(Before I get gone here– note that banner photo is by Fred Smink at Moondust Goldens, Nederlands– Moondust is Europe’s top show Golden Retriever kennel for fairly obvious reasons. Pure royalty, pure beauty. I know of stateside dogs of this quality if anyone is interested and they aren’t as pricey as one might think…)
I am reminded once more, not that it is of great significance for anyone else, that I have emotional whiplash from reversing twenty-five years of depression in about nine months.
I just sent out a new poetry collection to several publication prizes; before I got going on the long winnowing and sectioning of my work, beginning in January of this year, I set up this blog, joined She Writes, started a poets group on SW, wrote a memoir of an Italian adventure I had in 1973, drafted a spin-off– novel/novella– and now, nine months out, am feeling very overwhelmed!
Depression is like sargasso. There are inner voices that tell one lies, discounting the value of one’s existence and one’s art. I read the deplorable Virginia Quarterly story last night; if only someone had acted upon the ME’s behalf before he gave up. He was vulnerable, fragile, worn down.
Many of us I wager, have pulled ourselves back from that edge. I’ve made a decision to tell the self-denigrating voices where to go. Thanks to the loving support of friends old and new, such as Canadian poet Tom Wayman, and Minnesota poet Lyle Daggett, and especially Doug, Maureen, Gerri, Laurie, Patti, I have begun to believe in myself again.
I find it immensely daunting to see how many many fabulous writers there are out in the writing world. We are all looking for the same things– to be heard, to be believed in. I hope that I will have the distinct pleasure of thanking you with good news at some point!
I’ve started to take a hard look at the publishing scenario as it is now vs. what it was years ago. Everything has changed. Self-publishing is a valid option these days; it appears that if you have a strong voice you can market and sell your own book. How interesting, and exciting.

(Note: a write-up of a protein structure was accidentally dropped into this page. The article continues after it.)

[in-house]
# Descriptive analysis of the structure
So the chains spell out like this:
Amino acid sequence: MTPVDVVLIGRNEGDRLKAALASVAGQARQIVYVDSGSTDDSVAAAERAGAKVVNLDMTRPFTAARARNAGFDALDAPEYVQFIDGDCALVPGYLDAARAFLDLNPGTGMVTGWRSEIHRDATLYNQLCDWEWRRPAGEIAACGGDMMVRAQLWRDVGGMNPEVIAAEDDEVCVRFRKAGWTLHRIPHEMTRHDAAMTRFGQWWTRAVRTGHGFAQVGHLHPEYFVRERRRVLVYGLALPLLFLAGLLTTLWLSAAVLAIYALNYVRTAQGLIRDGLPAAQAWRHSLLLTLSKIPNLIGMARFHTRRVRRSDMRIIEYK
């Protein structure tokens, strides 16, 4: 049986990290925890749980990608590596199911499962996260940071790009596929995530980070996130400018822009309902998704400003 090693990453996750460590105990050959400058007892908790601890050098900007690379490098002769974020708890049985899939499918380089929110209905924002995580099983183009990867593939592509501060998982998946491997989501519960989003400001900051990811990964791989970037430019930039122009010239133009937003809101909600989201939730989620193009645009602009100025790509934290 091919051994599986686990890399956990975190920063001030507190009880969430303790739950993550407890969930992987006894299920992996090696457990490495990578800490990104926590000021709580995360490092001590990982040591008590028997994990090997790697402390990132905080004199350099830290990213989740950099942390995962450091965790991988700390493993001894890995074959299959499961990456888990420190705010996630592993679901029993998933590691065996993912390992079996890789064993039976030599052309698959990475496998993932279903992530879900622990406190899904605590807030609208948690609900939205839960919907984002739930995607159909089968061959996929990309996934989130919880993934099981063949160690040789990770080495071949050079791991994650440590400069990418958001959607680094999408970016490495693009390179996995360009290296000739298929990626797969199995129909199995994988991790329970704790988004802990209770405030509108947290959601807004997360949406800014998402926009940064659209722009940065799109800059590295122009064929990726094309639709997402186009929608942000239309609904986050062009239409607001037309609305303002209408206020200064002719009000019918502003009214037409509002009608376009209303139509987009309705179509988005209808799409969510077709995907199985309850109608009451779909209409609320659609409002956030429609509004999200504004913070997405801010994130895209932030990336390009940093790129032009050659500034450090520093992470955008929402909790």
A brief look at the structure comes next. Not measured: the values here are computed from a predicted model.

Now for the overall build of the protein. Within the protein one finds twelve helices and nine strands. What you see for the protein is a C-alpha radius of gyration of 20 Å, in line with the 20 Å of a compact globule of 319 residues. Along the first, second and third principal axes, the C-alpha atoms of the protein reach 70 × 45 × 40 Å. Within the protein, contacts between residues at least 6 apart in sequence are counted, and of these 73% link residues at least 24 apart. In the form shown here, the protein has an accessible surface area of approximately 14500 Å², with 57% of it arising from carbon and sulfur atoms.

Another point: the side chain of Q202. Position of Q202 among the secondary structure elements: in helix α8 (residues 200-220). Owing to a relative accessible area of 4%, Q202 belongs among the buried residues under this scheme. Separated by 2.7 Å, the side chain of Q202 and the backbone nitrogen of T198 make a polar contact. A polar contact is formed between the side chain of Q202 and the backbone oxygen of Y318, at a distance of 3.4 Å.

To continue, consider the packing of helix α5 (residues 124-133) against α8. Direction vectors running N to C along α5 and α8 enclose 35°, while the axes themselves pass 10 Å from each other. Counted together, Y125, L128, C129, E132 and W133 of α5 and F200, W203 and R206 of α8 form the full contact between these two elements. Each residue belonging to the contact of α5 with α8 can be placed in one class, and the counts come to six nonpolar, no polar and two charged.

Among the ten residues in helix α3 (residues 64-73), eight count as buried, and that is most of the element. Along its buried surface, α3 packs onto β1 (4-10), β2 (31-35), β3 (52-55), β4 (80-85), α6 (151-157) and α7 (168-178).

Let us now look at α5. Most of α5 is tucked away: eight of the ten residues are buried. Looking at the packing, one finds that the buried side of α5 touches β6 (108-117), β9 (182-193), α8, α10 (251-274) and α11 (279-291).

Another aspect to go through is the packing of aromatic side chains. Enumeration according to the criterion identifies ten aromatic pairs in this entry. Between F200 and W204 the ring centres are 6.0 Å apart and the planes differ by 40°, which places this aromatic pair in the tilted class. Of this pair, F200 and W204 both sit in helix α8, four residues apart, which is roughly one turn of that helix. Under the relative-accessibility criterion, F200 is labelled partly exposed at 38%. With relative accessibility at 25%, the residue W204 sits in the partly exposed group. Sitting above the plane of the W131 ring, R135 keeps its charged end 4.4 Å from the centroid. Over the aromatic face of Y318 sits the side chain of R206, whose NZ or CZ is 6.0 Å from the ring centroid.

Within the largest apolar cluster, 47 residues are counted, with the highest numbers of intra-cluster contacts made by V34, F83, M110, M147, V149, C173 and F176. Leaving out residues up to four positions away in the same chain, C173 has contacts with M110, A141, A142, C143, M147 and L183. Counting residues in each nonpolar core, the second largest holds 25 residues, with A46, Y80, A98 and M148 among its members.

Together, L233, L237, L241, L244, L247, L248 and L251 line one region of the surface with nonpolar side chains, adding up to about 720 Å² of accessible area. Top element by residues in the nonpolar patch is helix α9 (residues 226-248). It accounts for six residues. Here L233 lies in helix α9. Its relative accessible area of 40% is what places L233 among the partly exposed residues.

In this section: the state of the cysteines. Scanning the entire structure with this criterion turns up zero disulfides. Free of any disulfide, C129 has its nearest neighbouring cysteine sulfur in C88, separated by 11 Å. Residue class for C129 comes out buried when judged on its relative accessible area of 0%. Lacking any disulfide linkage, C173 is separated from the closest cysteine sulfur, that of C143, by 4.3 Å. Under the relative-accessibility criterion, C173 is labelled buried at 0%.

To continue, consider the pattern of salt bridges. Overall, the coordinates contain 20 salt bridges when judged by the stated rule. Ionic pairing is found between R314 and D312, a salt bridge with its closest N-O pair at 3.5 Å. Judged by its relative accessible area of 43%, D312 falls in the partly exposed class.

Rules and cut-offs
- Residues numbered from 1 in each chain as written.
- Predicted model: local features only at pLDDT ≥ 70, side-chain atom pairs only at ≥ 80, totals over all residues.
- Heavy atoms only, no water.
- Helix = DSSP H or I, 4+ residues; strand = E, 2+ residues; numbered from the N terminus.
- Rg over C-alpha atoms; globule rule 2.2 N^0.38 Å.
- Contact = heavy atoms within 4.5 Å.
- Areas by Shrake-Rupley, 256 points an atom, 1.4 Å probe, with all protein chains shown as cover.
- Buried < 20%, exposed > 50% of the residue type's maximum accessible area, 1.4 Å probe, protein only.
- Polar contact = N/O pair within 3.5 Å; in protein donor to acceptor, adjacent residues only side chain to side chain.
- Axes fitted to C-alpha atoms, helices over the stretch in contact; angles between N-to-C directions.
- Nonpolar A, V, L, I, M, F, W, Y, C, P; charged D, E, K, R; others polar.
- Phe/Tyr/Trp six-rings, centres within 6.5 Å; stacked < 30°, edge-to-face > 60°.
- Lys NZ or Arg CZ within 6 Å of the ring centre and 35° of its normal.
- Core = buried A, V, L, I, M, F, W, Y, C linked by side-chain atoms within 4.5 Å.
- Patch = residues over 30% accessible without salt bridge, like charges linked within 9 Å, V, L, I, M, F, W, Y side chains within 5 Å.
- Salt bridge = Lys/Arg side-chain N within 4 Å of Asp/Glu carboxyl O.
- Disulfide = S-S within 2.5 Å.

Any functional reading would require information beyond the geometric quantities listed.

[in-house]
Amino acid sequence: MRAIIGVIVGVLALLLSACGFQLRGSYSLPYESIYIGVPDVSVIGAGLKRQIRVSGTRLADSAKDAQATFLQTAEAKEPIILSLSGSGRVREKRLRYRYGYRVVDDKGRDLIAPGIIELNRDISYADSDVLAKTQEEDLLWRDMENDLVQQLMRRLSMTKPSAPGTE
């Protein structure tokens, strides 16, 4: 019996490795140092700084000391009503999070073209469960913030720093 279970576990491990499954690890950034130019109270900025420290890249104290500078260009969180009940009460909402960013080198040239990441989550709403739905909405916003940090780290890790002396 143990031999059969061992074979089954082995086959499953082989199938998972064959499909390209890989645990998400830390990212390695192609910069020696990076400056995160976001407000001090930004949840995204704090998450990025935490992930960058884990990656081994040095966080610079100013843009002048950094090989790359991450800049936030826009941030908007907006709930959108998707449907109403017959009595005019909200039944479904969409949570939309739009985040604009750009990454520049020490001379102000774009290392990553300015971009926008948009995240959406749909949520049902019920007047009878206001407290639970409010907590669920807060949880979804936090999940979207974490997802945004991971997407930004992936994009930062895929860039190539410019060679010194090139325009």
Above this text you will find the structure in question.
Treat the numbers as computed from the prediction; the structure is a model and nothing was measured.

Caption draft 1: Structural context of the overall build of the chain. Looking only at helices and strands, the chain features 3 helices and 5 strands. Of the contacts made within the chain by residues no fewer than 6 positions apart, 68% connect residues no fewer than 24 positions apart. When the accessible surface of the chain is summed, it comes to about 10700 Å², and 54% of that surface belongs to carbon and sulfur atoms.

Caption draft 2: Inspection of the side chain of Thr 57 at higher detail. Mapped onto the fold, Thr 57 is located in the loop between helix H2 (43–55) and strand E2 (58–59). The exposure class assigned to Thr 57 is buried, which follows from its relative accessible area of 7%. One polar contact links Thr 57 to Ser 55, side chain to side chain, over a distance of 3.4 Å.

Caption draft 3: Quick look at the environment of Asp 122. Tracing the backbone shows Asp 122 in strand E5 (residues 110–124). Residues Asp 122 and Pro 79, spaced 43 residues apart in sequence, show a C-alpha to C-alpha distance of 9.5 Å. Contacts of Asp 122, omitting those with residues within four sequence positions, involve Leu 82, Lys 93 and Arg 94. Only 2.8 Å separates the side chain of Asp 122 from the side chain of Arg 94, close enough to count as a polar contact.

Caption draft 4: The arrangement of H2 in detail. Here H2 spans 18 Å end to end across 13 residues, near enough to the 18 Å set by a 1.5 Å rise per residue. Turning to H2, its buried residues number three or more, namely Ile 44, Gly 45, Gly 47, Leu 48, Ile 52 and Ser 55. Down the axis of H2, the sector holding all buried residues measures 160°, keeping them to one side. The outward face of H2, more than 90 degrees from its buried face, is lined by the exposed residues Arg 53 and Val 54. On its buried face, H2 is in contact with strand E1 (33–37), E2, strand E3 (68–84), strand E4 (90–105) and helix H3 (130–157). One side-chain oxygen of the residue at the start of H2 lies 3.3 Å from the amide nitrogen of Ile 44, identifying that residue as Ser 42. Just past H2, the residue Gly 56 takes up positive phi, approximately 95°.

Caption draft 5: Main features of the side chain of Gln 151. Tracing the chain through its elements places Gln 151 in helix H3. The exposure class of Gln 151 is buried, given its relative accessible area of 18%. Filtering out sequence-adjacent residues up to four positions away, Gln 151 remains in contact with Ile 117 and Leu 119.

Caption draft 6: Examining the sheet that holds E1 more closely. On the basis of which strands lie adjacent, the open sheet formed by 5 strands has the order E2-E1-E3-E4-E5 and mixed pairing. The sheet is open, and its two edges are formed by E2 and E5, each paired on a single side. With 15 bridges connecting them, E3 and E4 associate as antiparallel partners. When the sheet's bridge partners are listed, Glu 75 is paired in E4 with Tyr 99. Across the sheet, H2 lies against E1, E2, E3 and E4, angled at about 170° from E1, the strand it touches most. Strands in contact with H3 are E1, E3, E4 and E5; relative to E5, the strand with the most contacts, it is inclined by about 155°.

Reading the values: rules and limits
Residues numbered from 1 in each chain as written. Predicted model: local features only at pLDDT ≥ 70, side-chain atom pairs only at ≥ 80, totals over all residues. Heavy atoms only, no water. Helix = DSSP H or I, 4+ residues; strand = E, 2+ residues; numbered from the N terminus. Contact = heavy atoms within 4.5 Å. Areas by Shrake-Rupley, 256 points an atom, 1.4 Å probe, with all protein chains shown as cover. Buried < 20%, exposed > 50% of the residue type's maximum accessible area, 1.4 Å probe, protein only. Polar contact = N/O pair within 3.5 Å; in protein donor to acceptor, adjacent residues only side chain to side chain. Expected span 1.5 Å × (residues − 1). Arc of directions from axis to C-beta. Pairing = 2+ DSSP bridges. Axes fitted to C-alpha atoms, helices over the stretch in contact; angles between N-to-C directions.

Even so, I decided to compete for several of the prizes; I felt and feel I owe it to myself, to those who believe in me and my work and in recognition of of the effort I put into producing three collections, earning three degrees, and honing my craft.
We all have to give ourselves permission to succeed, whatever that means in our own eyes. I have a doctorate in self-sabotage but you could fairly say I’m really tired of short-circuiting my own happiness and that at 62, it feels to me that it’s truly time to deliver on promises I made to myself when a starry eyed would-be writer at sixteen. That year, I had a manuscript typed and duplicated and I hand-tied it together with an illustration and gave it to people for Christmas.
In a word, that drive has always been there. I did my best to quash it as a hostage to misery and martyrdom, but it has resurfaced and is carrying me along.
We have these moments, in this time and no other that we can be sure of. Gifted people need to share those gifts, however they can.
Just some late night rumination from someone fighting back….